Yes, I think the whole group felt pretty exhausted but rewarding to each of us. Thanks Nanaimo Paddlers for a great day on the water!

2013 Paddle # 10 - Cherry Point
Distance: 30.71 km
YTD: 104.85 km

Monday, March 4, 2013

Greenland Progression

We know Spring is really close when the Pedder Bay RV Resort opens for the year. We spent the weekend there with the Reaville's and did a little Geocaching in the hills around the area on Friday morning.

The "Geocachers" from the lookout over Matheson Lake and the Olympic mountains in the distance  across the Juan De Fuca Straight . From this viewpoint we could see both ends of this valley that runs between Pedder Bay and the Sooke Basin. On Saturday we experienced how the gale force winds would funnel through this valley towards our campsite.

It also meant Robyn and I got to head out into the bay a couple of times and play a bit with some loaner Greenland paddles (GP). For Robyn, it was her first experience with a GP so she used a Joe O Paddles cedar and I used a Northern Light carbon version. 

I really had no idea how Robyn would respond to using GP but it sure didn't take long before she was commenting how easy it was to be paddling with a "twig" compared to her euro paddle. That is probably the same thought that many paddlers experience when they first try a GP because from a visual standpoint they just don't look like they are designed to provide effective propulsion for a kayak. In fact after using one now for a couple of short paddles they are very effective and noticeably easier to maintain a constant paddling speed. Of course there are some subtle differences when using a GP for things like bracing, turning and sculling but it doesn't take long to adapt to using the full length of the paddle blades.

Robyn tries the Northern Light during a few brace turns.

We headed out to the crabbing grounds to drop our little kayak crab trap in hope that we would be having fresh Dungeness with our steak on Saturday night. After our deployment we crossed the bay and practiced a bit with the GP's in a little cove that has a narrow gap between a couple of islets. Here we practiced aggressive edge turns while we shot through the gap at almost full speed.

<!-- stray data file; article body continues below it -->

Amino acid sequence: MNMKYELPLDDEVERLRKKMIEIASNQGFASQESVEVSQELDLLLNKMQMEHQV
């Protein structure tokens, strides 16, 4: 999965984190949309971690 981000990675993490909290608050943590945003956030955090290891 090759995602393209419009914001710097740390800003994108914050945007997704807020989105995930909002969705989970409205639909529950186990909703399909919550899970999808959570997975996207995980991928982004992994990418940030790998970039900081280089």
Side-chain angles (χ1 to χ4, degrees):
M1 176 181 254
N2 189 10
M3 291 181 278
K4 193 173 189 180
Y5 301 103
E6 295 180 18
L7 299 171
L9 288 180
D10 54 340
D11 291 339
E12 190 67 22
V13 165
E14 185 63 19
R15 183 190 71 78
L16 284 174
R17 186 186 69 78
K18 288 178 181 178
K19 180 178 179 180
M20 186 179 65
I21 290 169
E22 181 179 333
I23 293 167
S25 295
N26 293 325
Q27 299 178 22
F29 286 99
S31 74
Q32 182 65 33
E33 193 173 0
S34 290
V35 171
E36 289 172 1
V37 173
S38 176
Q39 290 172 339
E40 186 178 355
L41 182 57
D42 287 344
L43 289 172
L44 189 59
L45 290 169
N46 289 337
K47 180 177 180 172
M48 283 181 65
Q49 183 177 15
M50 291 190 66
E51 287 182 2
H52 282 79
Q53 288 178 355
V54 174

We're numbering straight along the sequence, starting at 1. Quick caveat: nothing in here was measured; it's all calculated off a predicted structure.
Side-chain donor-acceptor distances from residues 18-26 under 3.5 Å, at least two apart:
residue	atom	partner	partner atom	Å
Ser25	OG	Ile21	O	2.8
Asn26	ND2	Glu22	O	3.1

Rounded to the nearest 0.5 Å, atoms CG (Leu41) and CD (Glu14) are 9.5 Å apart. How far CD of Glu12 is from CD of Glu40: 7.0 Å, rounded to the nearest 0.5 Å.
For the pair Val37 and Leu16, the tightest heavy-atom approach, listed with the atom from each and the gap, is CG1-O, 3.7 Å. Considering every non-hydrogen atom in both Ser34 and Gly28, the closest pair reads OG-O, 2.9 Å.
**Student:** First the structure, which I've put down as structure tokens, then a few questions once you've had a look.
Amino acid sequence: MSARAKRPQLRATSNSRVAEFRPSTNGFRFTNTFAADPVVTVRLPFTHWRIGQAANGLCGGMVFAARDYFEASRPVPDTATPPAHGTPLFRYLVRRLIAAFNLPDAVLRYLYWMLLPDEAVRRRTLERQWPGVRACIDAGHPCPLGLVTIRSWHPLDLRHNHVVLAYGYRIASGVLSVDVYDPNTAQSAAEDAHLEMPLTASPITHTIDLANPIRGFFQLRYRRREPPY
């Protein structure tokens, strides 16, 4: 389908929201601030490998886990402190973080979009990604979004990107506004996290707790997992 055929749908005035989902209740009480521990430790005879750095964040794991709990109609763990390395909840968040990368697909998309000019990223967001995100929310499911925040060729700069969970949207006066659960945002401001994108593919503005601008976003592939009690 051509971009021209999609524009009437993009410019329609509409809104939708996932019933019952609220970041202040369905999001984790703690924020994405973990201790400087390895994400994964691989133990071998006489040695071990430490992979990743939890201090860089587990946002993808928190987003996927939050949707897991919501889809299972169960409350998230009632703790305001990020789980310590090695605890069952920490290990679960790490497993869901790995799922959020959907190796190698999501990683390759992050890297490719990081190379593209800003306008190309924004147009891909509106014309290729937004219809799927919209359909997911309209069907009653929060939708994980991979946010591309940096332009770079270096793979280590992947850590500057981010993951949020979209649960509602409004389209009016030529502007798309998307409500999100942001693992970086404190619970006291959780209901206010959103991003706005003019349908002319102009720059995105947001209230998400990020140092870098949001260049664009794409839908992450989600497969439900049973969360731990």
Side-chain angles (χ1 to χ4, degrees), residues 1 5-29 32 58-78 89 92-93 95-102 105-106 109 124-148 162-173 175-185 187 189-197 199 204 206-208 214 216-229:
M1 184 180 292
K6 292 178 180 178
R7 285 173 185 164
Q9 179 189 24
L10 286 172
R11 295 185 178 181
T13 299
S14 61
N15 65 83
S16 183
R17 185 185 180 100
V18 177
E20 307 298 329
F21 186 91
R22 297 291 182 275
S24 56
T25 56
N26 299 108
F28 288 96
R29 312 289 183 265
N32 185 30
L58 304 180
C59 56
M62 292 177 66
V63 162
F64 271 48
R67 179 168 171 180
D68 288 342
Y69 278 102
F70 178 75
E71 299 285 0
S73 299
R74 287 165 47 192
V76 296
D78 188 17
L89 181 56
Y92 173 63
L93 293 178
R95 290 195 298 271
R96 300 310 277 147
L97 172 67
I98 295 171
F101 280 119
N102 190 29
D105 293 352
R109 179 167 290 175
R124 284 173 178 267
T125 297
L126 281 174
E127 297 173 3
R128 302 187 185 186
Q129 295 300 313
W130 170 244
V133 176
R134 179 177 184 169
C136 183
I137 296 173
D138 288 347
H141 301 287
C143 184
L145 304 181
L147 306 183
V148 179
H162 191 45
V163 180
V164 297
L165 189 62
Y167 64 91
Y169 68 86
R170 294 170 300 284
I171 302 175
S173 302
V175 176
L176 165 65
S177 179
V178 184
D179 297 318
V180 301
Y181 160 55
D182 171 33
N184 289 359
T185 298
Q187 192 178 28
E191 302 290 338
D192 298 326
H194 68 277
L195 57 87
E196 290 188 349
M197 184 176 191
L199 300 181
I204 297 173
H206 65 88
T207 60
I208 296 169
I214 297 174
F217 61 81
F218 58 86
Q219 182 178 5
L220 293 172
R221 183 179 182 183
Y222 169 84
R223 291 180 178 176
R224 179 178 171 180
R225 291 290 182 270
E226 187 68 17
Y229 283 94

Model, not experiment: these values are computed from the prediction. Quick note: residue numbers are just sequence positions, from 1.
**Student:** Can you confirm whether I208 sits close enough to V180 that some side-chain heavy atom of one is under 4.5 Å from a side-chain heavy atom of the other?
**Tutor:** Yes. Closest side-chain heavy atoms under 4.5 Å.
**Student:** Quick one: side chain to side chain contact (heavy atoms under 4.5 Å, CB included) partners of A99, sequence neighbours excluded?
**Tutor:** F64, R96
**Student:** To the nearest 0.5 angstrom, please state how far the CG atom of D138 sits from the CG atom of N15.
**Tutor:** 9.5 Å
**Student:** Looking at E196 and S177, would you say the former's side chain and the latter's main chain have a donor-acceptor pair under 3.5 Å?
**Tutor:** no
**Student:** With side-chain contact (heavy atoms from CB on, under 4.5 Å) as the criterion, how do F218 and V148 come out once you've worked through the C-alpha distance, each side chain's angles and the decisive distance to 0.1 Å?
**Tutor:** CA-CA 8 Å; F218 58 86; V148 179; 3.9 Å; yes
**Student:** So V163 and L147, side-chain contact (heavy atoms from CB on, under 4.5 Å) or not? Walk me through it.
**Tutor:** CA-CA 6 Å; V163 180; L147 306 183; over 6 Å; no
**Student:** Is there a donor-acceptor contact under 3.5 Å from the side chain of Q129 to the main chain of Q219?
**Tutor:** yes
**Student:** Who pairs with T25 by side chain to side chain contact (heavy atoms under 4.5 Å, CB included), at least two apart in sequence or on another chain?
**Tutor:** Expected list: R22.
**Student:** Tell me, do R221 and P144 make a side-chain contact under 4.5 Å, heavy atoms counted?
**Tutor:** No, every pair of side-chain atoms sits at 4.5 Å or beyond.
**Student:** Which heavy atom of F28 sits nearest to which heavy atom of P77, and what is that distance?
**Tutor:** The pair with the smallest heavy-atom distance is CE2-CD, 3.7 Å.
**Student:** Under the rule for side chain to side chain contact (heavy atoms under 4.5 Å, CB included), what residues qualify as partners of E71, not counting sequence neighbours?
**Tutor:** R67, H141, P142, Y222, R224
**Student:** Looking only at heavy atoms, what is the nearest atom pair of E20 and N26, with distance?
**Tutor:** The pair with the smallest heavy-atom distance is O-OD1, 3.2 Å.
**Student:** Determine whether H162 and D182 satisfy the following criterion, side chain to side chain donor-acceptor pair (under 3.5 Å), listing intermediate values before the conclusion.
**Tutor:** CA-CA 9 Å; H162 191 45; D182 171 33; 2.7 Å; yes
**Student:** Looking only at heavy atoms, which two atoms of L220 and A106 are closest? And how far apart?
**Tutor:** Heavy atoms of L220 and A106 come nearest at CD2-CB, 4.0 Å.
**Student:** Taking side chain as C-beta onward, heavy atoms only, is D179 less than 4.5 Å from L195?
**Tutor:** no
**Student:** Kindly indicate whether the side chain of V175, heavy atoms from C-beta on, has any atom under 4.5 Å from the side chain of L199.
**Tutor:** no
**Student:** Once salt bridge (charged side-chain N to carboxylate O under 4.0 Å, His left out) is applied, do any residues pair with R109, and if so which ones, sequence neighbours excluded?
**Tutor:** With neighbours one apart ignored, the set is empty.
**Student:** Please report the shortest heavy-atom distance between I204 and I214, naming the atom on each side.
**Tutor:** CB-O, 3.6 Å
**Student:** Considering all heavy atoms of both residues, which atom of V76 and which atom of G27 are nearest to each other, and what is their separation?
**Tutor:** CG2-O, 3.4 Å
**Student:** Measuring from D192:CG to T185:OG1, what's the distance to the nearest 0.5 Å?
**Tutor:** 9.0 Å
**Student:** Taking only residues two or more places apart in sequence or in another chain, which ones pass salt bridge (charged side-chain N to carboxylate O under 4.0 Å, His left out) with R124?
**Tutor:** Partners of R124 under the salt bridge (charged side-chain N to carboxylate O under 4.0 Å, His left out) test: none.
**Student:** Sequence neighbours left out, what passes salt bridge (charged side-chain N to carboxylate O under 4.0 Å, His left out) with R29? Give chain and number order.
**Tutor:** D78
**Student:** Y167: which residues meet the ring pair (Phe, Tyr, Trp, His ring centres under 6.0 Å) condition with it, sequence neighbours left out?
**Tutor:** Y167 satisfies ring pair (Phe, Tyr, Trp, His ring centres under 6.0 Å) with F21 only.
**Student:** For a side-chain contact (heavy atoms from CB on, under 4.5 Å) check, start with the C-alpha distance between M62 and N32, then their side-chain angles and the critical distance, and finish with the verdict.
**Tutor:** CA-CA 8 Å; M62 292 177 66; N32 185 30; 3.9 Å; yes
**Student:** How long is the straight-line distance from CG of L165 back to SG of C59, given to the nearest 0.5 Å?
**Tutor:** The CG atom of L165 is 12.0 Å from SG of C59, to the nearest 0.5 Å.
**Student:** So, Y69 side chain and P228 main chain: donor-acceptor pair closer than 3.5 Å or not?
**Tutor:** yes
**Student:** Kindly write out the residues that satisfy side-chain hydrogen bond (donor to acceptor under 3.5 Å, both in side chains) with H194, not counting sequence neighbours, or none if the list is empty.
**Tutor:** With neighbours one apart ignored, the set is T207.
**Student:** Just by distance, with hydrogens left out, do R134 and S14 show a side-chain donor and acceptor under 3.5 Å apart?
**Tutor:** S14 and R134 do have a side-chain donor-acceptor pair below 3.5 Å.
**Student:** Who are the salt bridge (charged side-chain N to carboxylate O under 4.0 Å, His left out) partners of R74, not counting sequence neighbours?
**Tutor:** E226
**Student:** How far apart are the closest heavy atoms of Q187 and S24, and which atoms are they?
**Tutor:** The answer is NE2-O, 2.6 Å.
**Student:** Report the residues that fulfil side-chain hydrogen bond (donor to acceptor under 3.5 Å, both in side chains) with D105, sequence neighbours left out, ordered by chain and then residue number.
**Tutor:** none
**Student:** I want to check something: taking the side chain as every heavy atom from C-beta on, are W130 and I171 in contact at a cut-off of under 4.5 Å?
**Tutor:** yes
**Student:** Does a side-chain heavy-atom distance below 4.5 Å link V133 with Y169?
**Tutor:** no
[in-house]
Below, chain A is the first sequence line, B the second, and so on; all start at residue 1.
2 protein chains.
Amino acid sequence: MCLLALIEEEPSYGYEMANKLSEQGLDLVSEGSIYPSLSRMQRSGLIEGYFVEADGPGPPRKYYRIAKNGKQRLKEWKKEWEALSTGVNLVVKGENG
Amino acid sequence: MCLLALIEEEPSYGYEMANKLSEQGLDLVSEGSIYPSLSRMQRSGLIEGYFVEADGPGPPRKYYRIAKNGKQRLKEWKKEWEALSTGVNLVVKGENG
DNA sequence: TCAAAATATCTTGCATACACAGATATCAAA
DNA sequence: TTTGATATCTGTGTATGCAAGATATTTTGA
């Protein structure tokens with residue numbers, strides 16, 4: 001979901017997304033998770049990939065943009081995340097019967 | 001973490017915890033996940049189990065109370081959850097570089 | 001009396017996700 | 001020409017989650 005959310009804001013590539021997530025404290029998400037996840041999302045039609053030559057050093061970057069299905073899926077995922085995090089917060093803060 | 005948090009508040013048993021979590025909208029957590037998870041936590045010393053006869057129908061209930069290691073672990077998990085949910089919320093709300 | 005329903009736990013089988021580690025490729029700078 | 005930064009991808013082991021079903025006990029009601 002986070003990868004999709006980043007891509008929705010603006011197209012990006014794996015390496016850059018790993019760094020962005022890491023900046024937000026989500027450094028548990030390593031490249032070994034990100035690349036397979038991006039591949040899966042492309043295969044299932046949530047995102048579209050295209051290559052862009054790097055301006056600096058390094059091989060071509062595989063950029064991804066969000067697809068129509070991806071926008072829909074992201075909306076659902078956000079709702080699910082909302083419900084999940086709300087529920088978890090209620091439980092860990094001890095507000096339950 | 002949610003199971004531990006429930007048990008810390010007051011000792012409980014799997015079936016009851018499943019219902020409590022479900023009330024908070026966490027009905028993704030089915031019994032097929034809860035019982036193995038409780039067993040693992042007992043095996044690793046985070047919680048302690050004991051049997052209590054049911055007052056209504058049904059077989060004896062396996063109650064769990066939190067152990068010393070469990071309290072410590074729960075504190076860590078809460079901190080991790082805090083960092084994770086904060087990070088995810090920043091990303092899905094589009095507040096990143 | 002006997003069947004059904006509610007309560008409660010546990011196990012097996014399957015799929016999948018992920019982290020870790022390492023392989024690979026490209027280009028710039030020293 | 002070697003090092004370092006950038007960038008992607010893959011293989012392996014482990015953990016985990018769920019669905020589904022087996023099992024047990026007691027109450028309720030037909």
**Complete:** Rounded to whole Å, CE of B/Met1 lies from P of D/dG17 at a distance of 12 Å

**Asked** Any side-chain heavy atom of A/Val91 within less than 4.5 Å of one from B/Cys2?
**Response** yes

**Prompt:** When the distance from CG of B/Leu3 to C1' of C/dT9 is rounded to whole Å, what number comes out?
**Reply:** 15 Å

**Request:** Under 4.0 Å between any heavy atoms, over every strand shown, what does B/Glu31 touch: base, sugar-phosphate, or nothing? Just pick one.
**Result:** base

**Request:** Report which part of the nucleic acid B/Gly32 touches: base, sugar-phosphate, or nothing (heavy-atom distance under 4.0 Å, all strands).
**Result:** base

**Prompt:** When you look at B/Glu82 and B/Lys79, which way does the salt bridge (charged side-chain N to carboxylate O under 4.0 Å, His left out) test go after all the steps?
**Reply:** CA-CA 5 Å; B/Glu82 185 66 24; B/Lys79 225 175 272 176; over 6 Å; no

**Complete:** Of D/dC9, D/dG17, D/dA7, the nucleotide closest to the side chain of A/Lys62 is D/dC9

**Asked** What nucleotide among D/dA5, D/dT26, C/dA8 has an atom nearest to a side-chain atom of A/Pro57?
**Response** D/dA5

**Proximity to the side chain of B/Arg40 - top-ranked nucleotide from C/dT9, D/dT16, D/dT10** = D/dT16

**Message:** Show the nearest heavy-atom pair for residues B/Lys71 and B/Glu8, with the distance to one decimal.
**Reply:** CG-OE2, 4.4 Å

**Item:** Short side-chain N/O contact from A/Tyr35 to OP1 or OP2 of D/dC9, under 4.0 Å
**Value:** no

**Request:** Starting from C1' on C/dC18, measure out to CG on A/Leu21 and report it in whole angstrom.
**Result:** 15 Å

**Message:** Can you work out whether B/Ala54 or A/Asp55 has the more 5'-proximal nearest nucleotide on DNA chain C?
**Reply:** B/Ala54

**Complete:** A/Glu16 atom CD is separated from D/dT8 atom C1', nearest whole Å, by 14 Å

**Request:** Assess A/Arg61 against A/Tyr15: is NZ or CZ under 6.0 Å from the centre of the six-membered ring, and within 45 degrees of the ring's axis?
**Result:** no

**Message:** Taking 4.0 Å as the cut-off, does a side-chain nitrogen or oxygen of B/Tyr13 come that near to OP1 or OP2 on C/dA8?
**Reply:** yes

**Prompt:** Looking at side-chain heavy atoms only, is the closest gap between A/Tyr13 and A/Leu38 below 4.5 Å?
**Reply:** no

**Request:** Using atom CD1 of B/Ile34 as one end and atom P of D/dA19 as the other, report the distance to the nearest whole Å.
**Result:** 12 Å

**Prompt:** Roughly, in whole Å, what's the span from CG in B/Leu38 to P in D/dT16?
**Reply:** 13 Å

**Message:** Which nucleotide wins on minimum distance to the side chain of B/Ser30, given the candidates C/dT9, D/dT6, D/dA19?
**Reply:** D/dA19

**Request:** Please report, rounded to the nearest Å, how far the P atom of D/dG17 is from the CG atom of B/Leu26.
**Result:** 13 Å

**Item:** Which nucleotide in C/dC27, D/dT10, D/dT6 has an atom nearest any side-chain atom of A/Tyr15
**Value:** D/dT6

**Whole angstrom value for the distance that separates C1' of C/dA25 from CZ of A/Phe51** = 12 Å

On our way back to camp we paddled by the Lester B. Pearson College of the Pacific which is home to the 2013 Pacific Paddling Symposium at the end of May. The college is an amazing facility and being so close to such diverse sea conditions it should serve the attending kayakers very well. We have booked our usual RV site at Pedder Bay RV Resort so we will be making the 5 minute commute by water. :-)

The boathouse at the Lester B. Pearson College of the Pacific.

Back at camp the Reaville's fired up their Margaritaville machine and the rest of the evening soon became a blur ..... for everyone! That is one bad machine ;-)

On Saturday morning I checked the weather forecast and it didn't look good. Predicted gale force winds around noon meant Robyn and I had to get out to our crab trap early to see what bounty might be. We used the Greenland paddles again and headed out with cobwebs floating in between our ears (BAD Margaritaville machine). Checking the trap we found only a single under size Red Rock crab that didn't want to let go of the crab trap. Remember the thought about fresh Dungeness crab for dinner? Well it did happen but we bought it from Jock's Dock instead!

Right on schedule at high noon the westerly gale force winds came ripping trough the valley between the Sooke Basin and Pedder Bay. Robyn and I were just coming past the college back to camp when the winds hit us head on. The water in the bay quickly rose to white caps with sea spray soaking us pretty good but we both commented how well the Greenland paddles performed in those condition.

Gale force winds (black line) from the Sooke Basin through the valley to Pedder Bay made for an interesting Saturday.

Back at camp I was surprised when Robyn said that she would like to get a Greenland. Talk about a quick convert over to the dark side or is that right side?? Time to get sized for a couple I say!  :-)

Friday Track

Saturday Track

2013 Paddle # 8 & 9 - Pedder Bay

Distance: 12.16 km 
YTD: 74.14 km